Second, if one does try to be creative on a standardized test, there is no reward for it, and there may be a penalty. Even essay tests to measure writing skills are scored for the grammatical and analytical quality of the writing, not for creativity. Most essay tests are partly scored by computerized programs and partly by teachers or other experts who read thousands and thousands of essays at a time. Students are often advised that factors such as creativity or humor carry much more risk than potential benefit.

So what little opportunity there might be to be creative is taken away. In the senior author’s career, he tried being creative on his first essay test in college. The professor later explained the way he scored the essay tests: He had 10 points that he wanted students to make, and their score was the number of those points that they made. The junior author’s father tells a nearly identical story. So much for creativity.

Third, beyond the mere existence of standardized tests, society has created a “merit system” whereby individuals who are strong in the skills measured by standardized tests tend to get ahead in life and those who are not so strong in these skills face serious obstacles, such as in being admitted to high-quality colleges and graduate and professional schools (Sternberg, 1988, 2010, 2016). Thus, society, despite its professed interest in creativity, talks the talk but, at least in schools, fails to walk the walk. Students who are creative do not particularly profit from the way schools evaluate students. Their creativity may be noted in a letter of recommendation, but the currency for college admissions is standardized tests and grade point average (Zwick, 2013). If anything, as we will discuss further, creative students are punished.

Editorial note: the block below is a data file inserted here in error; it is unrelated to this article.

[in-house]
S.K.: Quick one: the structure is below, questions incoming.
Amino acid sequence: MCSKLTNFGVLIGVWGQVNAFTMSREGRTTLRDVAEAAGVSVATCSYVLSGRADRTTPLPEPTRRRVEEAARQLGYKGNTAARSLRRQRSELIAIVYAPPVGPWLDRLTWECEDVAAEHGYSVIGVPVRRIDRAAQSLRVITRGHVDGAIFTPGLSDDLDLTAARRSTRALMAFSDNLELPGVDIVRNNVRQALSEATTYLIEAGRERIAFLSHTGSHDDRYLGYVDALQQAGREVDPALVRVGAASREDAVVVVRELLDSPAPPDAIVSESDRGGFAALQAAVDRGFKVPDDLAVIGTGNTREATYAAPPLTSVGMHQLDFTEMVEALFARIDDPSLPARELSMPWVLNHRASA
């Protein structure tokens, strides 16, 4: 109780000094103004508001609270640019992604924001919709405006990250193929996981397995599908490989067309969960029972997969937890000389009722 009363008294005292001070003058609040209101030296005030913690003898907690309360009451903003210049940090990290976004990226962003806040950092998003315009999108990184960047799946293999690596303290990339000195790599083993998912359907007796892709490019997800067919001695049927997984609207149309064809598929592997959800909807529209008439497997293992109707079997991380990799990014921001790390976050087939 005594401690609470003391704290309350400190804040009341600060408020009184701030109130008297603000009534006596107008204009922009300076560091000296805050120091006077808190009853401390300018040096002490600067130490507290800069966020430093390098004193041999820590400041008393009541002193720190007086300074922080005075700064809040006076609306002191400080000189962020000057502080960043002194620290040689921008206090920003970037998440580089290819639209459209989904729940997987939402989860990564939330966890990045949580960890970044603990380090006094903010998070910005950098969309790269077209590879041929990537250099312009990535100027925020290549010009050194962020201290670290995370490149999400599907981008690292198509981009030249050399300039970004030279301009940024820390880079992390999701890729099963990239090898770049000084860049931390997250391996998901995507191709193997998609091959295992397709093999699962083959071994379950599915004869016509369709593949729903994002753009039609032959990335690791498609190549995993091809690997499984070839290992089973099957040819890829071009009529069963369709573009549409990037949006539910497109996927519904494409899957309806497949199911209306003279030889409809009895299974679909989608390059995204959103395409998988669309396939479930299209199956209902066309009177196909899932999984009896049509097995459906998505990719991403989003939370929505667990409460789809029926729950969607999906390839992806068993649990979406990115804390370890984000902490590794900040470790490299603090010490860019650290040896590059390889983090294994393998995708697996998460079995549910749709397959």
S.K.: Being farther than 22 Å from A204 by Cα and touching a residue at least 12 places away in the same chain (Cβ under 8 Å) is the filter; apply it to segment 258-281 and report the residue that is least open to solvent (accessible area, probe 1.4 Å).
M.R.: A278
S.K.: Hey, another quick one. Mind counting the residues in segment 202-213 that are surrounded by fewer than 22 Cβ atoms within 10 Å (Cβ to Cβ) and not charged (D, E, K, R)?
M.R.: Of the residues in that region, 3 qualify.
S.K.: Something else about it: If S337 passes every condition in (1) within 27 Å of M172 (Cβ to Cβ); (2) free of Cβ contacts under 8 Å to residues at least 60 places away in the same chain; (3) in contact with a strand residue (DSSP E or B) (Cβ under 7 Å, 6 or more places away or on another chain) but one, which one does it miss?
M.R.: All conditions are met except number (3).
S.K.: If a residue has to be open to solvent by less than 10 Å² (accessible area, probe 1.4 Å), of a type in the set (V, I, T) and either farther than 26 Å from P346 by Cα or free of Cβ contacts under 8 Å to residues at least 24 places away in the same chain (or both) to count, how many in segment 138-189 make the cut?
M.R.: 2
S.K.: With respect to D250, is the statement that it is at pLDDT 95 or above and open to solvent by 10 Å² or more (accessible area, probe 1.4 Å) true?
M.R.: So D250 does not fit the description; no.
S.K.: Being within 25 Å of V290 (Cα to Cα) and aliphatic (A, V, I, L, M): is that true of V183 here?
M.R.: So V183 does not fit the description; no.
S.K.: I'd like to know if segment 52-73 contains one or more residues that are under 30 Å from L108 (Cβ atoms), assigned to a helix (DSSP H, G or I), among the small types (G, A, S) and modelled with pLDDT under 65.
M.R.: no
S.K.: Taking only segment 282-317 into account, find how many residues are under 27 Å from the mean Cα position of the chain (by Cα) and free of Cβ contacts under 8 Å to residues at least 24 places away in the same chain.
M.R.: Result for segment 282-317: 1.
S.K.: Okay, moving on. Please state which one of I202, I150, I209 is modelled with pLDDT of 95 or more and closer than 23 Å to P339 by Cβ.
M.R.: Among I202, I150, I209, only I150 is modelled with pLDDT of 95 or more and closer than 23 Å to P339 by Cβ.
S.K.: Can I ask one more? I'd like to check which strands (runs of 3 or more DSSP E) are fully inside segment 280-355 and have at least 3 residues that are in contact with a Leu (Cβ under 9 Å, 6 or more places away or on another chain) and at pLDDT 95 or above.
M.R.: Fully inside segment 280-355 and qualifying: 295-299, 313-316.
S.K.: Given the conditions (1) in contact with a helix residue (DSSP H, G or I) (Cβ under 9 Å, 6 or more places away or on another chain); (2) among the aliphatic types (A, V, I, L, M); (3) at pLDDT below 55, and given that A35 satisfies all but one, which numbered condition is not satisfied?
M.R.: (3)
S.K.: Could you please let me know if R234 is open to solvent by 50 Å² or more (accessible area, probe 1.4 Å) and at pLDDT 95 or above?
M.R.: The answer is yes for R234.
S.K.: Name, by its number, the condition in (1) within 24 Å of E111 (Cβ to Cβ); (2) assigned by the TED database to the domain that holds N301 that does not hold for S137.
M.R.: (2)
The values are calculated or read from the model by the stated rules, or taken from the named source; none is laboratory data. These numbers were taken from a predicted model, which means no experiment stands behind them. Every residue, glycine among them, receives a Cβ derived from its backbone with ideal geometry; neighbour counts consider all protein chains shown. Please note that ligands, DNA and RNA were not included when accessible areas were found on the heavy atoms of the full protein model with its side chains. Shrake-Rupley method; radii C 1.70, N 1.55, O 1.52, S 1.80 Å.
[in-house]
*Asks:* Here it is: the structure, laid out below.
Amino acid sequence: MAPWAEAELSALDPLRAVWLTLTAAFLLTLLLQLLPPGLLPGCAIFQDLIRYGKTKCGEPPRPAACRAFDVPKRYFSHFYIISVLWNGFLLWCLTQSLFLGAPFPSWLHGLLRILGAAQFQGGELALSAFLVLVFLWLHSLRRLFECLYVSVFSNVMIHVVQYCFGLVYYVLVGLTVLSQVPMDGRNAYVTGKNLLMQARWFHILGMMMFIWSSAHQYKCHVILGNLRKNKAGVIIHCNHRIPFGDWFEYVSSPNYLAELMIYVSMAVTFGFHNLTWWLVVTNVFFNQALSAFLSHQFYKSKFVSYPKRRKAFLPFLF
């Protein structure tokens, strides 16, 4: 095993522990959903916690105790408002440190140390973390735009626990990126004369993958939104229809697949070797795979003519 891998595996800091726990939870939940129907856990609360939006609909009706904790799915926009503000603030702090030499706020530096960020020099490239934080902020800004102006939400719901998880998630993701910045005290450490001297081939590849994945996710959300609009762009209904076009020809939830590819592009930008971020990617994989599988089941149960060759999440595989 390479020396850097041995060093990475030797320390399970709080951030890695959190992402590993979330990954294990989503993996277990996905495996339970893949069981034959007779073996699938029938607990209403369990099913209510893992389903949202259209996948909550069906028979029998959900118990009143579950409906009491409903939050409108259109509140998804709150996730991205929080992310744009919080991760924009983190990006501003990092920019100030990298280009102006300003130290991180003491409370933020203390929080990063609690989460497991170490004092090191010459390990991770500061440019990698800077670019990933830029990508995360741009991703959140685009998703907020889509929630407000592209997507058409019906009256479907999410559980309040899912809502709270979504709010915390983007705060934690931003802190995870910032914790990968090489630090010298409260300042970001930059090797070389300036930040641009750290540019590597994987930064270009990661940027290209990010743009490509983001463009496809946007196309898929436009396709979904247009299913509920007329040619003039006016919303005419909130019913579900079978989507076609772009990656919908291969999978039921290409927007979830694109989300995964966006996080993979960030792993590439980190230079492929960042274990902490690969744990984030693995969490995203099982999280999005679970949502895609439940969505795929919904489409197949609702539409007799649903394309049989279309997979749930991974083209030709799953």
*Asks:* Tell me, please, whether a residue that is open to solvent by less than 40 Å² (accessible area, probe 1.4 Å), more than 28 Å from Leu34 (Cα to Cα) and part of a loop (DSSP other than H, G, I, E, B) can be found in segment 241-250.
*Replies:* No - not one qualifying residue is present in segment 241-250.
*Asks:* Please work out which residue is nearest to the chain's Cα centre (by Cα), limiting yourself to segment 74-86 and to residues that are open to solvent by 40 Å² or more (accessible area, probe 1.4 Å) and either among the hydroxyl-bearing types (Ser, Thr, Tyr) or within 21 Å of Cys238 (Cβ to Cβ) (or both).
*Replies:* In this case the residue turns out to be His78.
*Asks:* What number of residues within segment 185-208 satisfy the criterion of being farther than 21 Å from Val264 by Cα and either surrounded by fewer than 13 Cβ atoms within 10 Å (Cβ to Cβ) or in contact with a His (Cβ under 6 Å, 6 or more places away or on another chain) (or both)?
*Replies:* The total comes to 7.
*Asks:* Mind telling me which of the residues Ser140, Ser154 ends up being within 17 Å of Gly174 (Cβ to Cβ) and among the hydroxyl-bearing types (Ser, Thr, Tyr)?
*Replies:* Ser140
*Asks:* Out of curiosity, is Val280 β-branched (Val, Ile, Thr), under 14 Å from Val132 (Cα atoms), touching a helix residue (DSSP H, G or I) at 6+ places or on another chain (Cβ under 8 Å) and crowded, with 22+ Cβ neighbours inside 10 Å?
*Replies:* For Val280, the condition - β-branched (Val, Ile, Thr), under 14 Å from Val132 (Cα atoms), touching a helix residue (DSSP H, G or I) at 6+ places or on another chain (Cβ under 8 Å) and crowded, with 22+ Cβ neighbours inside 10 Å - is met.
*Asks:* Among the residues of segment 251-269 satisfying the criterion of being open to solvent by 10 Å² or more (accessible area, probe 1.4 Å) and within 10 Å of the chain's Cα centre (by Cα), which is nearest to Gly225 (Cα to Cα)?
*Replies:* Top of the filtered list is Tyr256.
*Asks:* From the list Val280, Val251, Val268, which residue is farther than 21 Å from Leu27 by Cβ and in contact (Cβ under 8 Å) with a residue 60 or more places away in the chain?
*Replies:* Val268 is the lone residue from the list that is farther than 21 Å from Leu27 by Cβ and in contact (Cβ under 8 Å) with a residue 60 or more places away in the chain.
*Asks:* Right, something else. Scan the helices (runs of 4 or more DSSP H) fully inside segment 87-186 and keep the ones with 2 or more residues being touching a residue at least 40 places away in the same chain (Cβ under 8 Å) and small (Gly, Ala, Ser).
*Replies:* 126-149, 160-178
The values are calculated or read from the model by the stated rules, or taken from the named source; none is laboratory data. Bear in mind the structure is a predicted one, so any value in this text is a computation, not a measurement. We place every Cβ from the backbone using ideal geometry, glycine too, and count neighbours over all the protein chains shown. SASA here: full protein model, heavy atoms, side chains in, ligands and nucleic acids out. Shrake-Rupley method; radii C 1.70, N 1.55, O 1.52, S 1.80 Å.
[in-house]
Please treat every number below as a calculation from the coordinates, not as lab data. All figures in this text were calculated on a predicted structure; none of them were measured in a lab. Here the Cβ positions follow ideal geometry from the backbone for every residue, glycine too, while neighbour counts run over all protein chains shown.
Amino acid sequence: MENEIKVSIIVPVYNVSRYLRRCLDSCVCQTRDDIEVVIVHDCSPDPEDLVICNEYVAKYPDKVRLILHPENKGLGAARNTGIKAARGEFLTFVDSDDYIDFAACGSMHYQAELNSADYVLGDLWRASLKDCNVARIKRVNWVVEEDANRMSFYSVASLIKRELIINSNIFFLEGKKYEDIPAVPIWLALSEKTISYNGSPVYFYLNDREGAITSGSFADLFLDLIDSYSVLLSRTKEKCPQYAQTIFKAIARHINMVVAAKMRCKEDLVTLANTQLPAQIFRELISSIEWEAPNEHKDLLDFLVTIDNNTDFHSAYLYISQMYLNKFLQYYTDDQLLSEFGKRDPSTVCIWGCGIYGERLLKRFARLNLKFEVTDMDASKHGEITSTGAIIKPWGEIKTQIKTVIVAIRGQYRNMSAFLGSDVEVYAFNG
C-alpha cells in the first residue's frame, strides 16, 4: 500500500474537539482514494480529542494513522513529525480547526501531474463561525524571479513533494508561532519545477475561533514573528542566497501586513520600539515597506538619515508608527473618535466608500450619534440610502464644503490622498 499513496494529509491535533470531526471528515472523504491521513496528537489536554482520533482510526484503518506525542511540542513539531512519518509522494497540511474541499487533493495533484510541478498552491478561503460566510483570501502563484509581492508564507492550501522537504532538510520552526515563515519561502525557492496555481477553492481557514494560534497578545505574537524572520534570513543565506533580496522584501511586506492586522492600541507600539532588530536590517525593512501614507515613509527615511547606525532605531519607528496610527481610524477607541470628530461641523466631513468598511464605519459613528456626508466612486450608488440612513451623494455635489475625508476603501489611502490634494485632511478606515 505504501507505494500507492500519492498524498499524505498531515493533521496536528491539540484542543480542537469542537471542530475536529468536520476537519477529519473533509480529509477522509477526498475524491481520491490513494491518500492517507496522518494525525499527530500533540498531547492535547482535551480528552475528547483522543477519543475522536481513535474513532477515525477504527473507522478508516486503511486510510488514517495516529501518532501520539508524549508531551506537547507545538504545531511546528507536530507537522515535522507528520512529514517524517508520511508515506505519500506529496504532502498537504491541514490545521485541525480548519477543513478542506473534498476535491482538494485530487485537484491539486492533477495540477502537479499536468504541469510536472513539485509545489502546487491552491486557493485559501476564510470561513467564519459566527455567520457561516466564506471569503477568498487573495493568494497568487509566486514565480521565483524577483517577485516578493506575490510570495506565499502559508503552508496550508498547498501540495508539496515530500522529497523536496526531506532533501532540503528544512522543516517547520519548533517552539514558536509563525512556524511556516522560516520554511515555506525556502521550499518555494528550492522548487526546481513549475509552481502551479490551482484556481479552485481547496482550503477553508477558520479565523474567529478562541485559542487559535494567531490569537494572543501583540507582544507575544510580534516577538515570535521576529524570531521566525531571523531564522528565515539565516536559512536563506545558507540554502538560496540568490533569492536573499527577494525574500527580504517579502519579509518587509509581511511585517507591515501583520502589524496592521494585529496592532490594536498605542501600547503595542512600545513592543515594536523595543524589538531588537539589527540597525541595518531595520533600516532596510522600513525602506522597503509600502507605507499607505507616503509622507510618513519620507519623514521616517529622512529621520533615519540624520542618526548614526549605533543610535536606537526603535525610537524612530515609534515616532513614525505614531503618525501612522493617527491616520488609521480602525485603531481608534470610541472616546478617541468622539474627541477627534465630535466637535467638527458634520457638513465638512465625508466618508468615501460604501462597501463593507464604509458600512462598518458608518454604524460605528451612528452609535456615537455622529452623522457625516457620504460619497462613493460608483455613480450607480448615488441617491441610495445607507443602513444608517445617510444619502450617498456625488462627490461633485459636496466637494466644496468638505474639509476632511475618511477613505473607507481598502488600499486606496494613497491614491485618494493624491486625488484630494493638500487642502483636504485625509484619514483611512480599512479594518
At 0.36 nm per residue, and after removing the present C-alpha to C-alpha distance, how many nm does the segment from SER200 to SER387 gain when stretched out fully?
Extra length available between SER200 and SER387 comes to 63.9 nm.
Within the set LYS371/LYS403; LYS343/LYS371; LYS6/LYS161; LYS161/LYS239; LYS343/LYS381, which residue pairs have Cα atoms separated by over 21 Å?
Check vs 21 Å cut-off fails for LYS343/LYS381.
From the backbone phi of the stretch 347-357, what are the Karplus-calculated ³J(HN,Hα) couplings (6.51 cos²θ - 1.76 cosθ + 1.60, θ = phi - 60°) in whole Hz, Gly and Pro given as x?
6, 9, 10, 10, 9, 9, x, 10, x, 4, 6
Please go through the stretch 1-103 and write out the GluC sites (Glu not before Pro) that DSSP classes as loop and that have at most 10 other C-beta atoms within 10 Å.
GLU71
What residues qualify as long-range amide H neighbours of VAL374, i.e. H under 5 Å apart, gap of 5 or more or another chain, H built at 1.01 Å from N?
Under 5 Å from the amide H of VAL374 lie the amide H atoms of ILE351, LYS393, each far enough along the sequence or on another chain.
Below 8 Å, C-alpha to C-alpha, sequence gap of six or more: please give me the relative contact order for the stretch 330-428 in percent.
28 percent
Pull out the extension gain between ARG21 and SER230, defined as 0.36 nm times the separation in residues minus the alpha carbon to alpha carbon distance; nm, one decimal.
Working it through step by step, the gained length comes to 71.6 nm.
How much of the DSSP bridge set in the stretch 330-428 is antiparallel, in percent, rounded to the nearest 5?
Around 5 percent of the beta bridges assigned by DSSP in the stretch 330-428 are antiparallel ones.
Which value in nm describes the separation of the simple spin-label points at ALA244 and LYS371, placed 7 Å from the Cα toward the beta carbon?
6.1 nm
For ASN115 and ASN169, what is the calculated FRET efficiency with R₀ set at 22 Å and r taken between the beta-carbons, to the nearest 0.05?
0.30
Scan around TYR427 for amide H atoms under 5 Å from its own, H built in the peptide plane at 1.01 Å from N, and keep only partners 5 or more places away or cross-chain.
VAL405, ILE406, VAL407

When the senior author’s graduate adviser (Professor Gordon Bower) was starting his career as an academic psychologist, getting funded was mostly a matter of writing a grant proposal. He has reported, anecdotally, that if your proposal wasn’t awful, it was funded. By the time the senior author of this article was starting his career, your proposal could be funded, but only if it was good. Today, however, pay lines at granting agencies are so tight that often proposals have to be rated better than the top 10% to be funded. Funding in some fields other than psychology is better, but still very difficult.

There are sources besides federal agencies for funding, but such organizations tend to offer lower amounts and are also limited in resources. The challenge of limited funding is that it encourages conservatism in proposal writing: When the odds of being funded are very low, one cannot help but realize that taking risks is even riskier than usual. Creative work defies the crowd (Sternberg & Lubart, 1992) and hence, almost inevitably, invites resistance from established individuals in any field. If one writes a highly creative proposal, chances are close to 100% that at least some of the reviewers will be highly established researchers, and hence people who may feel threatened by research that wishes to challenge or even overturn the existing order. The result is that it is difficult to get highly creative research funded. The most creative researchers often find their grant proposals rejected (Sternberg, 2003a).

Thus, the current drought in funding has three risks. The first is that creative research will not be funded because the funds are not there. The second is that highly creative proposals are more likely to be rejected because reviewers will go for safe proposals that are highly likely to yield results (see Sternberg, 2013). The third risk is that researchers may choose to pursue safer, less creative proposals to increase their odds of being funded.

The resistance to new work is not restricted to granting agencies; it is in some ways a fundamental property of human nature. People like the status quo (Eidelman & Crandall, 2012). Indeed, people are more likely to favor something that has been around longer (Eidelman, Pattershall, & Crandall, 2010) or even that simply exists (Eidelman, Crandall, & Pattershall, 2009). Consider the mere exposure effect (Zajonc, 2001), which holds that repeated exposure to something makes us eventually prefer it.